We all know that having problems with our bladder is a part of getting old. But, if you have to face problems like incontinence in your early forties, that is hard to accept.
It is not uncommon that post hysterectomy women complain about lack of bladder control, bladder spasms, a burning feeling and frequent visits to the bathroom.
Though there is often no need for concern, as most of these problems will resolve themselves in time.
A hysterectomy is a major operation that will weaken the pelvic muscles. After the hysterectomy your bladder will miss the support it had from your uterus and its position in the pelvis will be different. During your hysterectomy recovery period the pelvis will heal and your feeling and control of the bladder will gradually return.
Sometimes these bladder problems insist. Bladder problems after hysterectomy that may need medical attention are bladder injury, overactive bladder, stress incontinence and bladder infections.
With every operation there is a risk of complications. One of the risks of a hysterectomy is that the surgeon can accidentally injure the bladder with one of the instruments. Usually when this happens the surgeon will try to repair it. But if the injury goes unnoticed, one may suffer very uncomfortable complications.
For instance, when urine is leaking from the bladder in the abdomen, it may cause peritonitis, a life threatening condition.
When your bladder problems after hysterectomy begin with urine leaking from the vagina, it is likely that a hole (fistula) exists between the bladder and the vagina. Such a vesicovaginal fistula is often the result of untreated bladder injury, and rarely closes spontaneously. This means the woman will need a second surgery to close this abnormal passage.
They may say that bladder injuries are rare, as they happen in only 2% of all hysterectomy surgeries. In the US they do yearly 600.000 hysterectomies, this means that 12.000 woman will suffer bladder injury.
2.Overactive bladder problems after hysterectomy
Sometimes nerve damage or infections are the reason of an overactive bladder after surgery.
This crazy, unstoppable feeling that you have to go to the toilet, even if you have little or no urine in the bladder is because of a malfunctioning of the bladder’s Detrusor muscle.
Overactive bladder problems after hysterectomy include frequent visits to the bathroom, even during the night (nocturia) and leaking urine.
What can you do about it?
- Strengthen the pelvic muscles with Kegel exercises.
- Avoid substances that will irritate the bladder like coffee, alcohol, carbonated drinks and spicy meals.
- Get rid of the extra pounds, as your extra weight can have a notable impact on the pelvic floor muscles that support your bladder.
- There are several medications (anticholinergics ) that can help to relax the Detrusor muscle. Common side effects of these medications are a dry mouth, constipation and sometimes confusion.
The inability to hold urine when you cough or laugh one calls stress incontinence, or as many women call it, a weak bladder.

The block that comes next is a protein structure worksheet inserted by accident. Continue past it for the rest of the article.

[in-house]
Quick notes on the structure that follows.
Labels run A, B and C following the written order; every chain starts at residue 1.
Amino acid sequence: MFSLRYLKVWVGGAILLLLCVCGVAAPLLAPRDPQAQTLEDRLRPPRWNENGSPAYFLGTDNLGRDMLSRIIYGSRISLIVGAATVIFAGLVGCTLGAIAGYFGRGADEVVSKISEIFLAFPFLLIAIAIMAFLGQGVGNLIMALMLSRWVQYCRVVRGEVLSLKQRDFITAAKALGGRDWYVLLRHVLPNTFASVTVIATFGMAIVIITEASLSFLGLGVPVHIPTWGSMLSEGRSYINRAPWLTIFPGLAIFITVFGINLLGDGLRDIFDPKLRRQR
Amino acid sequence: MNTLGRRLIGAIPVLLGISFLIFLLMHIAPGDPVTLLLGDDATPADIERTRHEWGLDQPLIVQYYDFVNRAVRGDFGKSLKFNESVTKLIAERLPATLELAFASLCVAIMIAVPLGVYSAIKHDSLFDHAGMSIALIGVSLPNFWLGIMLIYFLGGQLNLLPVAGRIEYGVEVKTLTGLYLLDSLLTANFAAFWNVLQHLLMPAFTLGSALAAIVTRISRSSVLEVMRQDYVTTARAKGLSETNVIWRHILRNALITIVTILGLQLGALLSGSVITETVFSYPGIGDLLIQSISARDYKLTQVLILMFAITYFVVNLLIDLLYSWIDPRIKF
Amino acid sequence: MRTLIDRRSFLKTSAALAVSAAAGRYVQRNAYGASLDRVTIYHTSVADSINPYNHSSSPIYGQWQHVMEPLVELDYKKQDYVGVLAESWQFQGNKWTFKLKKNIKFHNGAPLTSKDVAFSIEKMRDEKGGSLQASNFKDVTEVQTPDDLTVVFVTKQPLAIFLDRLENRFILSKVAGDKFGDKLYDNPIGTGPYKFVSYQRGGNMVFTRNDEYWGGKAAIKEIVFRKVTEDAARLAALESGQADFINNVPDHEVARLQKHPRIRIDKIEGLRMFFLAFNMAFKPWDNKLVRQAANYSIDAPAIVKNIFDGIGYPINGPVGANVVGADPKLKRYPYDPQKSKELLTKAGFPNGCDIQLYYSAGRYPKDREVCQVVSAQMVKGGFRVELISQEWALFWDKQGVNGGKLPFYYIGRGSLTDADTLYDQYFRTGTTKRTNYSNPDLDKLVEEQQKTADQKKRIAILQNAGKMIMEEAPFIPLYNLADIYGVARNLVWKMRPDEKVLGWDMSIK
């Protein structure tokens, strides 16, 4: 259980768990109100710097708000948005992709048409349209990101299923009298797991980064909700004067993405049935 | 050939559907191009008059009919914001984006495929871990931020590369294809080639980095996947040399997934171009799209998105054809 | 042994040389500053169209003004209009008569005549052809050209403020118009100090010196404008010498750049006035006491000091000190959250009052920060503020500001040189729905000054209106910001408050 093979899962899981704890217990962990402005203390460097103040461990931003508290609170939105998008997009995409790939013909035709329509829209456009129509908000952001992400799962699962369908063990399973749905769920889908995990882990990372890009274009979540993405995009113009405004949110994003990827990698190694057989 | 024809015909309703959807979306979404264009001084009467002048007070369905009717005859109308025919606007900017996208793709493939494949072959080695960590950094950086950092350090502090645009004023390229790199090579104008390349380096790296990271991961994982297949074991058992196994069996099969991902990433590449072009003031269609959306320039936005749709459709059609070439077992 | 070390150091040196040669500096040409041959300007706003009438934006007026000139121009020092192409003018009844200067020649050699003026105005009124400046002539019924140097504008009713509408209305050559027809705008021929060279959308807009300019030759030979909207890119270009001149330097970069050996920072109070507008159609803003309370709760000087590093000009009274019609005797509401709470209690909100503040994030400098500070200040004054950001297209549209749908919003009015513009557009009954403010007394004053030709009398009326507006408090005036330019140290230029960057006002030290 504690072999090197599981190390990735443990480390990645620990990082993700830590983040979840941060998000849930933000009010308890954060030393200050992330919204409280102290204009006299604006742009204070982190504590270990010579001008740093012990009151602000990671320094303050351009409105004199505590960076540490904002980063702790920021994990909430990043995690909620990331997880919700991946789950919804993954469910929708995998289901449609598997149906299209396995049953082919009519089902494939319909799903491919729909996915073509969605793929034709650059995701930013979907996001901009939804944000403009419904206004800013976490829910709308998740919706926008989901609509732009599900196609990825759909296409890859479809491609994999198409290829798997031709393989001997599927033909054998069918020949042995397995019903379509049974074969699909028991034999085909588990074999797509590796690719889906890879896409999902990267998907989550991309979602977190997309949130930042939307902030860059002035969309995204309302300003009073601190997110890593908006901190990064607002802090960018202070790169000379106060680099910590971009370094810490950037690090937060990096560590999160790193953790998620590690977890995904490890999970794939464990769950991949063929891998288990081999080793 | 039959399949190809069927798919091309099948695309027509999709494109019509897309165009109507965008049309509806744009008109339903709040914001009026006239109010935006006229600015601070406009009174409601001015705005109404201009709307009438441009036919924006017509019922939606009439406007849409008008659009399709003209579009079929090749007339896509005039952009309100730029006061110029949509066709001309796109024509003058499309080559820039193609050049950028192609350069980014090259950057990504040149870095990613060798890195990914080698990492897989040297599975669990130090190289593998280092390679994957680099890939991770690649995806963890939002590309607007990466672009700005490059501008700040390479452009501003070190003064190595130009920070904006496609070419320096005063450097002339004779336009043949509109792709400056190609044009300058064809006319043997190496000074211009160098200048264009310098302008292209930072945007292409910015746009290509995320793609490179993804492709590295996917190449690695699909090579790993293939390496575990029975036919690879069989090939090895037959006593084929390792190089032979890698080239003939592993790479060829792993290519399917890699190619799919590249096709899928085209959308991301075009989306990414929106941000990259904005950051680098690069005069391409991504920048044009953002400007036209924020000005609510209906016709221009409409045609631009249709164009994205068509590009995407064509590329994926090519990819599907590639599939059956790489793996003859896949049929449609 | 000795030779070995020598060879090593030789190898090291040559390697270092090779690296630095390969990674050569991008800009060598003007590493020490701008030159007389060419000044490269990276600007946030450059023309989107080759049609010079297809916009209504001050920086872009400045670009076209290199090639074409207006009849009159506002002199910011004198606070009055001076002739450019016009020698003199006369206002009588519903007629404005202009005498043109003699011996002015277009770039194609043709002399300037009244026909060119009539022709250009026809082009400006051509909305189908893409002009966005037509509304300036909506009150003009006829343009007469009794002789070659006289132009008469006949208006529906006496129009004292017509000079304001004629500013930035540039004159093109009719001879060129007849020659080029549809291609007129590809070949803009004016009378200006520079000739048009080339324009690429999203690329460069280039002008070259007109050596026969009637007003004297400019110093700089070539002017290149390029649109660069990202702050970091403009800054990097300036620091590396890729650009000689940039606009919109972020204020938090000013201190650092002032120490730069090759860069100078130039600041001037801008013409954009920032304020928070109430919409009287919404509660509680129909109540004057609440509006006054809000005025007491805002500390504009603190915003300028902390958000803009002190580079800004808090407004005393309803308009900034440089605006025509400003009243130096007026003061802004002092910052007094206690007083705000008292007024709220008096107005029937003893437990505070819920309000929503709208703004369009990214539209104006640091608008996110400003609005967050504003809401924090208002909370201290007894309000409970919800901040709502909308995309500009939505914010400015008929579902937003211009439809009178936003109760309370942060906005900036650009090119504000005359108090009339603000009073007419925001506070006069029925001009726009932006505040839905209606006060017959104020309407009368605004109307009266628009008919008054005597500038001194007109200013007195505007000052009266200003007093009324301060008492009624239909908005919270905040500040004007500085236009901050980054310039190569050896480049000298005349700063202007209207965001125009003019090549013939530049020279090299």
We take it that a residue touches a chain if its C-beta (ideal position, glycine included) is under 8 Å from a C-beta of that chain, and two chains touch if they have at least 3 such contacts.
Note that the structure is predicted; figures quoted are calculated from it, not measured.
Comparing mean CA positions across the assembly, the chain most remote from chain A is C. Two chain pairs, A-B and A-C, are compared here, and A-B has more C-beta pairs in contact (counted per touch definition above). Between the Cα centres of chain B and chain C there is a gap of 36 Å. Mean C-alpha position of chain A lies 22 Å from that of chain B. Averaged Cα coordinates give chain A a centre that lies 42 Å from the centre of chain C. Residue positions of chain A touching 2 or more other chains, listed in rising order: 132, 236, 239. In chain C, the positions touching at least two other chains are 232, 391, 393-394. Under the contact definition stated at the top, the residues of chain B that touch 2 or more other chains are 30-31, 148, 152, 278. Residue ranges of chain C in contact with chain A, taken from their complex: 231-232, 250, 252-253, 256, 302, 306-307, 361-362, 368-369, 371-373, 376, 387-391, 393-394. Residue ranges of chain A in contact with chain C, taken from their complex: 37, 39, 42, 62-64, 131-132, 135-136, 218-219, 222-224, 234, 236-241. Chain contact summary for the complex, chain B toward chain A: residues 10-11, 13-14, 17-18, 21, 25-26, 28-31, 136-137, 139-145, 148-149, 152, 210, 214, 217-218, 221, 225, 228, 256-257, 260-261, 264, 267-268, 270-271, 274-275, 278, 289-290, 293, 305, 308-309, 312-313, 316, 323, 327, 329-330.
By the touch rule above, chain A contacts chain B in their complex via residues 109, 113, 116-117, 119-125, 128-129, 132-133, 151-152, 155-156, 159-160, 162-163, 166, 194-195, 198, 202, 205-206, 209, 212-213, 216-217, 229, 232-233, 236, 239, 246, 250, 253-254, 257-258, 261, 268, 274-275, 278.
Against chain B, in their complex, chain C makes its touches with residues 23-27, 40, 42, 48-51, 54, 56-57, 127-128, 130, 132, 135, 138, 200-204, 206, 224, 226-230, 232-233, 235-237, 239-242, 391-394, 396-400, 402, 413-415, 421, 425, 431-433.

In fact, it is a weakness of the muscles and the tissues that support the uterus and bladder. These are better known as the pelvic floor muscles.
During a hysterectomy there is an increased risk of damage of these pelvic floor muscles. If during surgery they remove the ovaries , estrogen levels in the body will drop. Low estrogen levels cause weak and less flexible tissues in the pelvic area.
You can correct a lot with pelvic floor exercise but sometimes it is so severe that a dropped bladder occurs (prolapse) and a woman needs surgical treatment.
The Aquaflex Pelvic Floor Exercise System is something you may like to try. This product will help you get stronger pelvic muscles and deal with stress incontinence.
A Swedish study shows, that women that underwent a hysterectomy where 2.7 times more at risk of having urine incontinence surgery within the next 5 years.
Infections are common bladder problems after hysterectomy surgery. Usually they insert a catheter before or during a hysterectomy operation. With catheterization comes an increased risk of bacteria entering the urinary tract. This may cause an infection of the urethra or bladder which can, if not taken care of, eventually spread to the kidneys.
Normally the catheter stays in for one or two days and they remove it before you go home. Though, women often develop a UTI after they have gone home. First signs that show you may have a urinary tract infection are:
- a burning feeling or pain when urinating
- a feeling you need to urinate but you can’t
- urinating more than usual
- that the urine smells bad and is dark or cloudy
Your doctor may want you to have a urine test to confirm that you have a urinary tract infection. You will soon feel better when you start antibiotic treatment and pain relieving medication.
Most common bladder problems after hysterectomy are recurring urinary tract infections. The sudden drop of the hormone estrogen is responsible for weakening of the tissues of the urethra and vagina, making women more susceptible to UTIs. Low dose vaginal creams containing estrogen seem to be beneficial in recurring infections.